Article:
Jilly D.

It’s a Date!

In Off-The-Grid Memoir on August 1, 2014 at 1:17 pm

Ithaca NY May 29-June 9 2009 Trip 215          More than six months passed between the Twelve Night of Christmas and my 40th birthday in 1998. Sam didn’t woo me with wine, flowers or expensive jewelry. The look in his eye, the smile upon his lips, his hands touching mine; he gave me his heart. Sam’s idea of a gift involves “building,” or “making” or “doing”; not “buying” something for somebody.

For my 40th birthday he gave me something I had only dreamed about since I was a little girl: a dinner date with a boyfriend.  He had gotten to know me just well enough to know that it wasn’t dinner he was buying that night, it was a feminine fantasy he fulfilled.

“I want to take you out on a date for your birthday,” Sam told me a week in advance. “We’re going out for a prime rib dinner.”

This was my first real date. Not with Sam. With any guy. Not that I hadn’t hooked up with men, but this was an “official date”  in the sense that 1) he asked me 2) in advance 3) it wasn’t going to be “dutch,” 4) and I was expected to dress up and act like a lady. Dating had not been part of my social repertoire.

When I was in high school I recall the dread that filled my chest when my father would answer the phone in the evenings and it would be a call for me.

“Jill. Jill. Telephone is for you. It’s a BOY…..” my father would mockingly call out. A boy who missed class and needed notes or some dweeb who wanted the answers to tomorrow’s math homework or my gay friend, Mark, who spoke German nearly as well as I did comparing our comprehension of the short story assigned for discussion. The embarrassment my father could induce with that mocking tone in his voice still makes me cringe. Secretly I wished for what my dad wanted all along for me: a man to treat me like a lady.

I look forward to my birthday like a kid who has never grown up even now that I’m in my 50s. Sam’s gifts don’t come in a box. One year he built a dock at the other end of the pond. That same year he invited my sister and her family to spend the week. Witnessing Sam teach my nephew, Ben, how to fish at dusk is a memory gift.Ben waiting for a catch

Another birthday present was the addition to the southwest side of the cabin. It started out as a two-tiered porch. We grilled steaks there on July 16. He reminded me of the time we had laid in the grass there in the middle of the afternoon and made wild passionate love.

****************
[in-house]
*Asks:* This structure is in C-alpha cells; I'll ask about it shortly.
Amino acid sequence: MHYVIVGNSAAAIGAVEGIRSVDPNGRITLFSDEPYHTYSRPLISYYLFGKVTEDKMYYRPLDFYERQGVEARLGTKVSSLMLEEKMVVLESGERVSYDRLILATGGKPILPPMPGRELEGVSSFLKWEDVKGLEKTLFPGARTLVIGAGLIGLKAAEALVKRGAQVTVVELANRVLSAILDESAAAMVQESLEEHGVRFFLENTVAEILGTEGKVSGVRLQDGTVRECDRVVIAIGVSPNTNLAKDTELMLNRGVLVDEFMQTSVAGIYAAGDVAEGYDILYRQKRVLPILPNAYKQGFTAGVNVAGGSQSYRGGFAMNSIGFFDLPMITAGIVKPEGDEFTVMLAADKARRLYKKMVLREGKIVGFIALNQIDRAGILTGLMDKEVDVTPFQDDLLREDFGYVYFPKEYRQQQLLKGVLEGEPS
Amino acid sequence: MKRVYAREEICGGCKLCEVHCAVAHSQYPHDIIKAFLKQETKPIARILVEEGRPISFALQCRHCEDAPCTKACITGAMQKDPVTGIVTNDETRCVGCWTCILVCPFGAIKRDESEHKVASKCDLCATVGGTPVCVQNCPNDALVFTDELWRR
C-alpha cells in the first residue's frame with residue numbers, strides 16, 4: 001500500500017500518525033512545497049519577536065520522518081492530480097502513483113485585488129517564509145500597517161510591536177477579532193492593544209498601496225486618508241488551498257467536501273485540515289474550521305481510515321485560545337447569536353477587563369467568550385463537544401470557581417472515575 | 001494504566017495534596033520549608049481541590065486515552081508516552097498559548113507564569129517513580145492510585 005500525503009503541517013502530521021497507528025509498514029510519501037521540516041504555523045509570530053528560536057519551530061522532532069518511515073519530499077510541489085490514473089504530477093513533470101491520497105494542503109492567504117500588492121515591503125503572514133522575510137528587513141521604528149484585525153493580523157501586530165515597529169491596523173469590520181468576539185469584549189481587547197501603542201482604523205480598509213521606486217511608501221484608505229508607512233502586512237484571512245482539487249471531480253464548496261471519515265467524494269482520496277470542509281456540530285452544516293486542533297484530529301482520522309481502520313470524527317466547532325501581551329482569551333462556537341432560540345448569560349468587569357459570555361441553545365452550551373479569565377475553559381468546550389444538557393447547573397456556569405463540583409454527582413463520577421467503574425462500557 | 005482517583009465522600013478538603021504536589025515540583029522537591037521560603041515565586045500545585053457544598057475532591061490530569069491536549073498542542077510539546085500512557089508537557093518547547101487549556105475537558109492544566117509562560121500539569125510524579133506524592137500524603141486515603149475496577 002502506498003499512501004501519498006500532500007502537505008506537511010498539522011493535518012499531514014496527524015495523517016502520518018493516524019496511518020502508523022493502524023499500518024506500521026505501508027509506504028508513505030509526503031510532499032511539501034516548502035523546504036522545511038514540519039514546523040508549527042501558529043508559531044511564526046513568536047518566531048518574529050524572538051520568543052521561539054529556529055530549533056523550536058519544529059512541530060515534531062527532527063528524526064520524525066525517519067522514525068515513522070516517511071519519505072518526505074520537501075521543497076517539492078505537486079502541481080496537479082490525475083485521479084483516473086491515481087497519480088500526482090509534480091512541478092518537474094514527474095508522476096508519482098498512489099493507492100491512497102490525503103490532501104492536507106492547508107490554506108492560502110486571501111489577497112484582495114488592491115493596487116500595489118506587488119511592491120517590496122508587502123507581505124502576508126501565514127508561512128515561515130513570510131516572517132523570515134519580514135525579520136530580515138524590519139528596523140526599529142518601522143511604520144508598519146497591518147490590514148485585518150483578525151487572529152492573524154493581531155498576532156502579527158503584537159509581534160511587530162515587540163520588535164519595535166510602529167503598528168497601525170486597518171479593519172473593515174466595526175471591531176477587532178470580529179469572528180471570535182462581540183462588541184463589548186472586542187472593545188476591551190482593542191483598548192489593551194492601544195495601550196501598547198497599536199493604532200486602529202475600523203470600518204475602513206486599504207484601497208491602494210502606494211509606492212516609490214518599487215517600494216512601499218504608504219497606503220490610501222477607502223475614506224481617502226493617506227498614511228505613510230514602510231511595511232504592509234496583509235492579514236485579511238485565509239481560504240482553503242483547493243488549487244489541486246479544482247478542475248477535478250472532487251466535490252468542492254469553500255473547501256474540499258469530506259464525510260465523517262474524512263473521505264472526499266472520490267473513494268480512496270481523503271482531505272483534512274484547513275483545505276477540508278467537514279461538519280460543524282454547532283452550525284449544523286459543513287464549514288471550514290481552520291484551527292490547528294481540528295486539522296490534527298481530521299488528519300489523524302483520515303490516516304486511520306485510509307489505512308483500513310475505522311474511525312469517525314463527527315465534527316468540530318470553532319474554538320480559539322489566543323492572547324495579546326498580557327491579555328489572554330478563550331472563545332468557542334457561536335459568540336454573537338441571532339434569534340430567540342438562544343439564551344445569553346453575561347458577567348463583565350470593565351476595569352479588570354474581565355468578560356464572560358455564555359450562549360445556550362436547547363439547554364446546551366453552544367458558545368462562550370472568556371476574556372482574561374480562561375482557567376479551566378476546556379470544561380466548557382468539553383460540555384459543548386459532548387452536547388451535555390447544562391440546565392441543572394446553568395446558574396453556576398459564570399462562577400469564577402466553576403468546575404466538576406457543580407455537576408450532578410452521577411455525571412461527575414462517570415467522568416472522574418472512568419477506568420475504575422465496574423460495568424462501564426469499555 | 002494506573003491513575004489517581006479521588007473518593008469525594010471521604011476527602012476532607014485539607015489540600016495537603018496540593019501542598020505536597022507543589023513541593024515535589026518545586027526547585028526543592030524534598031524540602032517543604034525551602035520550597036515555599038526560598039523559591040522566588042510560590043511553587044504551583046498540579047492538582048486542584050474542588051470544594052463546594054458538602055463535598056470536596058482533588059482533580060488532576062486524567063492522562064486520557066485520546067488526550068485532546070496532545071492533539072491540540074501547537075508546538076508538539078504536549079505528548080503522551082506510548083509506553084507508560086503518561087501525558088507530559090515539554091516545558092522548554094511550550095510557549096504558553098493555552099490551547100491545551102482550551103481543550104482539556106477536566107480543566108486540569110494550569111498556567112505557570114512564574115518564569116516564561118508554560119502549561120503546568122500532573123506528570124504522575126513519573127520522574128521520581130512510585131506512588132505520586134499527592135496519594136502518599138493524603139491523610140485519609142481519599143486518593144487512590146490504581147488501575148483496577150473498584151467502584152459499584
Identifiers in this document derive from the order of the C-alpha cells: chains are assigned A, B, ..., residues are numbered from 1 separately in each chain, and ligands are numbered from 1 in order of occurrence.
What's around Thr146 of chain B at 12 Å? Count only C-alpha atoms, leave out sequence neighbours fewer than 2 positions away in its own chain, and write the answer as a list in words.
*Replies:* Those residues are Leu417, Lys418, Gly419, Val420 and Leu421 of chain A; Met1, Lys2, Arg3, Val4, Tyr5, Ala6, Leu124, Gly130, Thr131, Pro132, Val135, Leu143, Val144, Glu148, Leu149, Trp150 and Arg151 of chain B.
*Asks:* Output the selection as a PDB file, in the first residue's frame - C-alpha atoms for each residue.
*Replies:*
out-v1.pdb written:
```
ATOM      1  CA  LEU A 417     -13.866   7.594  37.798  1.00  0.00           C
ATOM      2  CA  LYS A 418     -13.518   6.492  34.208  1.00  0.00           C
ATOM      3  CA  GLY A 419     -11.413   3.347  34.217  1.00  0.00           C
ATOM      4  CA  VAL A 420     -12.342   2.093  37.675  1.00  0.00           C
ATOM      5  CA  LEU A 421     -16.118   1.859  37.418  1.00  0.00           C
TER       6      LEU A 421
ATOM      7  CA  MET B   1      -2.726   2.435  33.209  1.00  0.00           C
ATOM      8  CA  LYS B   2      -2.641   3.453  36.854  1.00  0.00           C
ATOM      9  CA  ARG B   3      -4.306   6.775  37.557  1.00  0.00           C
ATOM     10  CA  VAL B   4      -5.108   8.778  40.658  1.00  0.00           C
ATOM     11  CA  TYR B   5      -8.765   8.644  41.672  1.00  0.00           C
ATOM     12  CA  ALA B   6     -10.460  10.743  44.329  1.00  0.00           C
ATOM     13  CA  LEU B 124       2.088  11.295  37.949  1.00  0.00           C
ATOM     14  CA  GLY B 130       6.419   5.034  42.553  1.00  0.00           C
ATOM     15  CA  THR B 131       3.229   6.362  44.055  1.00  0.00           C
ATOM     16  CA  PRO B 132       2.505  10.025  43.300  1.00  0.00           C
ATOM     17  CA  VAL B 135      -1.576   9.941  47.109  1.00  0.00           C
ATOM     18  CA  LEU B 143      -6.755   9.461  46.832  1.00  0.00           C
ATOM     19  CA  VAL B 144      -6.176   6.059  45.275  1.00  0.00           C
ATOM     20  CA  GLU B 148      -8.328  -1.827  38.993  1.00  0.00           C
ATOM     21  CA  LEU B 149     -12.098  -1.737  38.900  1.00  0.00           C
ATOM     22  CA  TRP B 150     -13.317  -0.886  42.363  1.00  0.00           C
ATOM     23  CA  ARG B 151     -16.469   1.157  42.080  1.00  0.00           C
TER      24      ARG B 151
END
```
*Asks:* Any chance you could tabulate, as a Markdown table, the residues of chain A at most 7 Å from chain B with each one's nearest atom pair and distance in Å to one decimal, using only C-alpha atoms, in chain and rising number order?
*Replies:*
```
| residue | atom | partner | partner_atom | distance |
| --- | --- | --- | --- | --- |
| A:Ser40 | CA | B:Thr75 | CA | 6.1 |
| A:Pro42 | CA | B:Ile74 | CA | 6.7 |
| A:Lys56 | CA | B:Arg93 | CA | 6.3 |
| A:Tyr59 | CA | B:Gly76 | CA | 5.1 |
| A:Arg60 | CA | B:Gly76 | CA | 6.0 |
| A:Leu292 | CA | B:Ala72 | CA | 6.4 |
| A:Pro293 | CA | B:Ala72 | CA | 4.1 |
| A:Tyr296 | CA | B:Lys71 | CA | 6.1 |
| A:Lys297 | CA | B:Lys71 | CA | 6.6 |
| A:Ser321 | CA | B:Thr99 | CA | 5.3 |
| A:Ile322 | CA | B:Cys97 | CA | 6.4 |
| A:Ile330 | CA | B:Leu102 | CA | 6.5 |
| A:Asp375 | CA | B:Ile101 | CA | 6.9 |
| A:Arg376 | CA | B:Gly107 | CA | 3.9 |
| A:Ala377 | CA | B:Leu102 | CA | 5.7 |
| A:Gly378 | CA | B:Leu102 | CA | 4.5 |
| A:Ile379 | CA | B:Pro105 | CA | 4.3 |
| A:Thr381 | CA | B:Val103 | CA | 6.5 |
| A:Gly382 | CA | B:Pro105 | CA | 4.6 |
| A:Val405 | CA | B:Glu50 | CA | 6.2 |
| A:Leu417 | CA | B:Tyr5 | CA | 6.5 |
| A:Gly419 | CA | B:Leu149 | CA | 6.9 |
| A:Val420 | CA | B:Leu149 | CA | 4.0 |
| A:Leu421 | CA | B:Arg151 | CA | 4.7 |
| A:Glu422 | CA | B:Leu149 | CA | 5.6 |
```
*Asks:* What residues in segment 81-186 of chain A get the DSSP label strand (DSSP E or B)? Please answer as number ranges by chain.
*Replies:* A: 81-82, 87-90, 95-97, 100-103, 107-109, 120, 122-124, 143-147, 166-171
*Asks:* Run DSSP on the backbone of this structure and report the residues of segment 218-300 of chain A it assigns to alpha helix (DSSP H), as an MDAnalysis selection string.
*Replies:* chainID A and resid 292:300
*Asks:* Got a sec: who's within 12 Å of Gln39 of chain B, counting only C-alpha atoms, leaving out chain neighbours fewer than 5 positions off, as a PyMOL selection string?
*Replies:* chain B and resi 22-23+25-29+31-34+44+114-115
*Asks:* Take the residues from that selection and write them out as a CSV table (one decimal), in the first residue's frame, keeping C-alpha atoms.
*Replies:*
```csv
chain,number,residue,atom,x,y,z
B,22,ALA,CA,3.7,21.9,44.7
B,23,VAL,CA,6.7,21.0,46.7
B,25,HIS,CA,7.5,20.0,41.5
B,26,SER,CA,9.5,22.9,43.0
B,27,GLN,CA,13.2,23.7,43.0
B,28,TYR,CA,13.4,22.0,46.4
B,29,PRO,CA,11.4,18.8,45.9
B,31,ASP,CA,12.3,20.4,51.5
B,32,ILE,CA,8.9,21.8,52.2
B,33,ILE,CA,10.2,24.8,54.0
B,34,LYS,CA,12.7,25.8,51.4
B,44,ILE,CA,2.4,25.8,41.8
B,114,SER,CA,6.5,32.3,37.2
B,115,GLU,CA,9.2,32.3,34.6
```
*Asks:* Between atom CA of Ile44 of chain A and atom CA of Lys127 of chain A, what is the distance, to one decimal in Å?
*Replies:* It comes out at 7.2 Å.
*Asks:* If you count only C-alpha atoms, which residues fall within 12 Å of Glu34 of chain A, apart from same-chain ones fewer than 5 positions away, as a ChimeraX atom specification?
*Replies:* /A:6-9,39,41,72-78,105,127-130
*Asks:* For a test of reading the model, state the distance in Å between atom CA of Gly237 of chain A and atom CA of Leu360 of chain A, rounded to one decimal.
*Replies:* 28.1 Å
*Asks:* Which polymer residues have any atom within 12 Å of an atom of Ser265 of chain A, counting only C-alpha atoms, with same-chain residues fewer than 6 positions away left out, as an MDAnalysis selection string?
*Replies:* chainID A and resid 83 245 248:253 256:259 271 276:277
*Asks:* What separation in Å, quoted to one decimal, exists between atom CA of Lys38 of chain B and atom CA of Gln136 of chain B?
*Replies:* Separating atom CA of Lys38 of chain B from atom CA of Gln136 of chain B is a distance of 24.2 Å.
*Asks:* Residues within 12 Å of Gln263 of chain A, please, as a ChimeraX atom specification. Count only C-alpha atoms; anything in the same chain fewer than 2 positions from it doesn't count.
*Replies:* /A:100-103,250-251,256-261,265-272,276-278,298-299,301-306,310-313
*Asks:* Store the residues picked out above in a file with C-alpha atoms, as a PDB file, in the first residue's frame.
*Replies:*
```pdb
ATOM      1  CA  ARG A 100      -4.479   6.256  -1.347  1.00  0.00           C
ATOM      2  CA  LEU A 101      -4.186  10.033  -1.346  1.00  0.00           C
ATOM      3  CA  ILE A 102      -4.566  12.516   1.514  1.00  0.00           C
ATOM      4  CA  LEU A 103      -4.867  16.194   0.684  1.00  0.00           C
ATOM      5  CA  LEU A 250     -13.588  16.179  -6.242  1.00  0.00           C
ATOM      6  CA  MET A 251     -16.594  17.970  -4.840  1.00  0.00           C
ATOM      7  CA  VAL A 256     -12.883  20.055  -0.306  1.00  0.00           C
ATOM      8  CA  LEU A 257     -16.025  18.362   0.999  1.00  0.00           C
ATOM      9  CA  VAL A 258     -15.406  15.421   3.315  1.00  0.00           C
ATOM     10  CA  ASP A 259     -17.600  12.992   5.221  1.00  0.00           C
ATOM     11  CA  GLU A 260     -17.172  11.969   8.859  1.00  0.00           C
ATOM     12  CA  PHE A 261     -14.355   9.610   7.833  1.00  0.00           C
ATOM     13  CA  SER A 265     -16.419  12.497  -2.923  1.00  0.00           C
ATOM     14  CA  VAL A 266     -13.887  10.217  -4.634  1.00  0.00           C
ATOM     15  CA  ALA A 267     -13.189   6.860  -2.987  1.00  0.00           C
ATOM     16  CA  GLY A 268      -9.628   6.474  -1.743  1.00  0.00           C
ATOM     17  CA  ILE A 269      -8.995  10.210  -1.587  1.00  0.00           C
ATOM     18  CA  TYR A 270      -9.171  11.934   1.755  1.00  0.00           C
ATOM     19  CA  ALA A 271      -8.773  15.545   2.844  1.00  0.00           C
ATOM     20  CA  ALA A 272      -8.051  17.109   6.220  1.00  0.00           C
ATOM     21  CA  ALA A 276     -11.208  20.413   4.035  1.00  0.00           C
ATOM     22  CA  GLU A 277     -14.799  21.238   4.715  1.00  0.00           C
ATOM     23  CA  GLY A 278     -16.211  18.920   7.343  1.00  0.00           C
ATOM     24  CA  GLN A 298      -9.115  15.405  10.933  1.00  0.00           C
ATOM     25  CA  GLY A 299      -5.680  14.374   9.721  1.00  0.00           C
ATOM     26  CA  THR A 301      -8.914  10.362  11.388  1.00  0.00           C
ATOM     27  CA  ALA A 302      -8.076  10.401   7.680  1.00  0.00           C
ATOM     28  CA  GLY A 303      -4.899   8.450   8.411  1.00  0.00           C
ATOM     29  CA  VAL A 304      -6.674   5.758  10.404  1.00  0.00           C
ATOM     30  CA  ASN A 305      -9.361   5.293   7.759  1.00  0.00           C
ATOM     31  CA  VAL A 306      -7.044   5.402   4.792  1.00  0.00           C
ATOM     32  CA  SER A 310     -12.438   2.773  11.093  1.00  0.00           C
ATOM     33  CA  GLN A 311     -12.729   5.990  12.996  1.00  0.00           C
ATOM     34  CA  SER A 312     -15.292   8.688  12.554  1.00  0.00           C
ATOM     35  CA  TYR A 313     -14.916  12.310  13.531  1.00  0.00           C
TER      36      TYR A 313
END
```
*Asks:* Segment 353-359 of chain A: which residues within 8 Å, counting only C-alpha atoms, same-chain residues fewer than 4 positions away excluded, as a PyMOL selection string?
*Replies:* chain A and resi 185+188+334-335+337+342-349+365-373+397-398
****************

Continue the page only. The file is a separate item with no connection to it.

“Do you remember how hot it was? Must have 95 degrees and we weren’t in the shade,” he said grinning. “Remember how Charlie Fields showed up and caught us butt-naked?” he laughed.

“Your butt is the only one he saw,” I reminded him.

The two-tiered porch became a sunroom when he closed it in later that summer with windows he salvaged from the Trumansburg School renovations.

For my birthday presents, Sam schemes up some project to enrich our homestead life. He plans presents that keep on giving.

One year he transplanted blue corn flowers he’d found in the middle of the corn field. They bloomed through the fall and into December. Bright blue.  My favorite color

In 2005 Sam fulfilled another childhood fantasy: a surprise birthday party. When your birthday is in the middle of summer there are no classroom observations of your special day. I was lucky to get a bunch of cousins together with a cake for my childhood parties. My birthday never seemed special when it came around.

I never quite got over that until I hit my mid-40s and realized I didn’t care to have any more disappointments in the getting older category. I’d had years of practicing the “I don’t care” attitude and it had finally sunk deep into my soul. I really didn’t want to observe the “day” of being another year older anymore.

After a full day of picking beans and produce in the stifling heat for Farmer’s Market and then standing there for hours waiting on customers, I returned home exhausted. I felt older.

Sam wasn’t in the cabin. I walked toward the other end of the pond to find him and see if he’d started a fire to barbecue dinner. There at the pavilion was a big gathering with friends and family. Party decorations, balloons, flowers, catered dinner and a special birthday cake. I never suspected a thing and it was a wonderful 47th birthday. He made my day. I don’t need any more birthdays now.

Cannonball Run on harmonica: sounds of summer

In Off-The-Grid Memoir on August 1, 2014 at 3:28 am